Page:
Multiple Systems and Product Models

Introducing multiple applications brings the question of how data can be created, connected and changed in multiple places at the same time. The ideas and concepts of federated data management systems, search indexes, knowledge graphs and approaches that can support consistency of data are raising up. Should we still call the entire data collection a single source of truth (SSOT) or find another name? Some discussions about it brought an idea of a single source of change (SSOC), which allows to identify a single system that is responsible to control the changes of data in a single place. This is kind of master-slave data management approach with adding a flavor of data semantics is promising. You can read more about it in my article about breaking PLM monolithic architecture.A product model is a concept that in my view can be easy achieved from a pragmatic implementation perspective and, at the same time, provides a foundation for modern PLM software technologies going beyond a “single database” or a “single PLM system” vertically integrated and controlling all information.

Digital Twin: Bridging the Physical and Digital Worlds

As technology continued to advance, so did the concept of the digital twin. Originally conceived in manufacturing and engineering contexts, the digital twin represents a virtual counterpart of a physical product or system. By capturing real-time data from sensors, IoT devices, and simulation models, digital twins enable organizations to monitor, analyze, and optimize the performance of their products throughout their lifecycle. This convergence of the physical and digital realms offers unprecedented insights into product behavior, allowing for predictive maintenance, design optimization, and enhanced customer experiences.

While the original ideas about digital twin were more focused on the simulation of physical devices, I can see how digital twins are progressing towards holistically defined digital models of product lifecycle that can provide a comprehensive foundation for product models.

Digital Threads: Bringing Contextual Intelligence into PLM

To solve complexity of connections and volume of product data located in multiple systems, we need to have another model that can connect multiple systems operating together. To make sense of this deluge of information, the concept of digital thread has emerged as a paradigm beyond PLM. Digital provide a contextual framework for organizing and linking related pieces of information across disparate systems and domains. Whether it’s tracing the lineage of a specific requirement through various design iterations or tracking the impact of a change across multiple subsystems, threads help stakeholders navigate the interconnected web of product data with ease and precision. Modern databases such as Graph Databases is a great foundation for managing digital threads. Check some of my articles about Digital Thread:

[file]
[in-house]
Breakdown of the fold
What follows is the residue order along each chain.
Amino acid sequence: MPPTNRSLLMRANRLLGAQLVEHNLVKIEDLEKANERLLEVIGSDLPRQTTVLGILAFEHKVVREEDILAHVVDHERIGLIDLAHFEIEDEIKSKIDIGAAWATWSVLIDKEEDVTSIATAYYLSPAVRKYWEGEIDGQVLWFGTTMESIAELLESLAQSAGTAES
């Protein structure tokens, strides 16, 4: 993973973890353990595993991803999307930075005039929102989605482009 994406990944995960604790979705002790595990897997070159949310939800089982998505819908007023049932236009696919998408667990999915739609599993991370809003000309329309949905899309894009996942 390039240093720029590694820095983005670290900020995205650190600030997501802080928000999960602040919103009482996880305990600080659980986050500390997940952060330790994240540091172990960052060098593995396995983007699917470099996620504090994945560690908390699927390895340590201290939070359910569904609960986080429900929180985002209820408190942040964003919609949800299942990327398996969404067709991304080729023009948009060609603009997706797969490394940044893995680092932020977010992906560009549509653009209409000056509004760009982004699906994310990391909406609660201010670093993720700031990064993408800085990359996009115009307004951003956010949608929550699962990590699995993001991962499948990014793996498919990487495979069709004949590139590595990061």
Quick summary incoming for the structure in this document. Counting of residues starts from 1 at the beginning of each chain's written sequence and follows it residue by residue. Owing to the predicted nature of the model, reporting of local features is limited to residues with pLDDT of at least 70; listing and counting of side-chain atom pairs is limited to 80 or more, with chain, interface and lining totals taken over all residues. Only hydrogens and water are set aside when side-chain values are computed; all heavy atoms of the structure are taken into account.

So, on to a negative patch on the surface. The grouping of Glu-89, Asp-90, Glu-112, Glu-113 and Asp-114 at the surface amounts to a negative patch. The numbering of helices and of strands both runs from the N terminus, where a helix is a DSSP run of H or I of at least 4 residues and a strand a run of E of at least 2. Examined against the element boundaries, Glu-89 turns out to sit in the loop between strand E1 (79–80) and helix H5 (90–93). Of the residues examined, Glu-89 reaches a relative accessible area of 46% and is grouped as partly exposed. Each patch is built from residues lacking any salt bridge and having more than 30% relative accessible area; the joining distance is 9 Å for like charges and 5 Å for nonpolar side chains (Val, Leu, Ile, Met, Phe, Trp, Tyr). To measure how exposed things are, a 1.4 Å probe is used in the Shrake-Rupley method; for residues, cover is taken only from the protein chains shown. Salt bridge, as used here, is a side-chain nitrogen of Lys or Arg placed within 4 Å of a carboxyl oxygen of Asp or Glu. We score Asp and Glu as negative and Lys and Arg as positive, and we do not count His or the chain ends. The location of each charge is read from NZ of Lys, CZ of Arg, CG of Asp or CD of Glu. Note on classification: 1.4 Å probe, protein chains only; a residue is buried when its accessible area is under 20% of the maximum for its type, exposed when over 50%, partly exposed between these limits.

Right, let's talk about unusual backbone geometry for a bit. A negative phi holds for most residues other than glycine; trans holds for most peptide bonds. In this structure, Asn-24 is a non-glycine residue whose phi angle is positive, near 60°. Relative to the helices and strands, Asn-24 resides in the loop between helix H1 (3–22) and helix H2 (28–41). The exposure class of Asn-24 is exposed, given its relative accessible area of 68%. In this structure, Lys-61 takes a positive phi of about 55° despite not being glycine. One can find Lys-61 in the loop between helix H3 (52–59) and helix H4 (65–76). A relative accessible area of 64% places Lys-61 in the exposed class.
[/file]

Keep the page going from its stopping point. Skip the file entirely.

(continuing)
PLM and Digital Thread Evolution (part 1-5)

Traceability, Digital Thread and Future PLM software architecture

Product Knowledge Graph and SSOT

Knowledge graph is a concept that allows to build informational and semantic models connecting different entities (virtual and physical) as objects and relationships between them. In my view, knowledge graph will play a significant role in the development of future PLM ideas and creating product models that will be able to reflect the process of design, engineering, production planning, manufacturing and maintenance of products. The concepts of knowledge graph will support creation of future digital product models and expand them towards building intelligent and connected data management and collaborative environments. Graph model is a perfect model to absorb multiple siloed pieces of information and will represent a collective single source of truth including reasoning and allowed change behaviors. Graph models will also play an important role in building future AI models for engineering and manufacturing (but I will save this topic for the future blogs)

What is my conclusion?

Looking ahead, the evolution of PLM and the pursuit of a true SSOT will continue to be driven by advancements in technology and the evolving needs of industries. From building intelligent Digital Twins, leveraging Generative AI to find an optional solution and automate routine tasks, new product models will allow to create complex data services to manage various aspects of product lifecycle process. Embracing cloud-based platforms for seamless collaboration and communication will support the future promises of organizing information in a connected network of data and by using it, optimize future PLM platforms.

The importance of a robust SSOT cannot be overstated. By harnessing the power of digital twins, threaded data, and emerging technologies, companies can unlock new levels of efficiency, agility, and innovation in their product development endeavors.

The journey towards a single source of truth in PLM has been marked by great progress and innovation. At the same time, vertical integration and lack of openness, slows down the adoption of PLM ideas. We will continue to push forward the ideas of building complex models to reflect product design and manufacturing innovation. At the same time human behavior of organizational changes will remain significant factor that prevents companies from making progress in PLM adoption. Making complex models and simple user experience – this is a formula that PLM vendors should adopt to bring PLM and SSOT to a greater adoption.

Just my thoughts…

Best, Oleg

Disclaimer: I’m co-founder and CEO of OpenBOM developing a digital-thread platform with cloud-native PDM & PLM capabilities to manage product data lifecycle and connect manufacturers, construction companies, and their supply chain networks. My opinion can be unintentionally biased.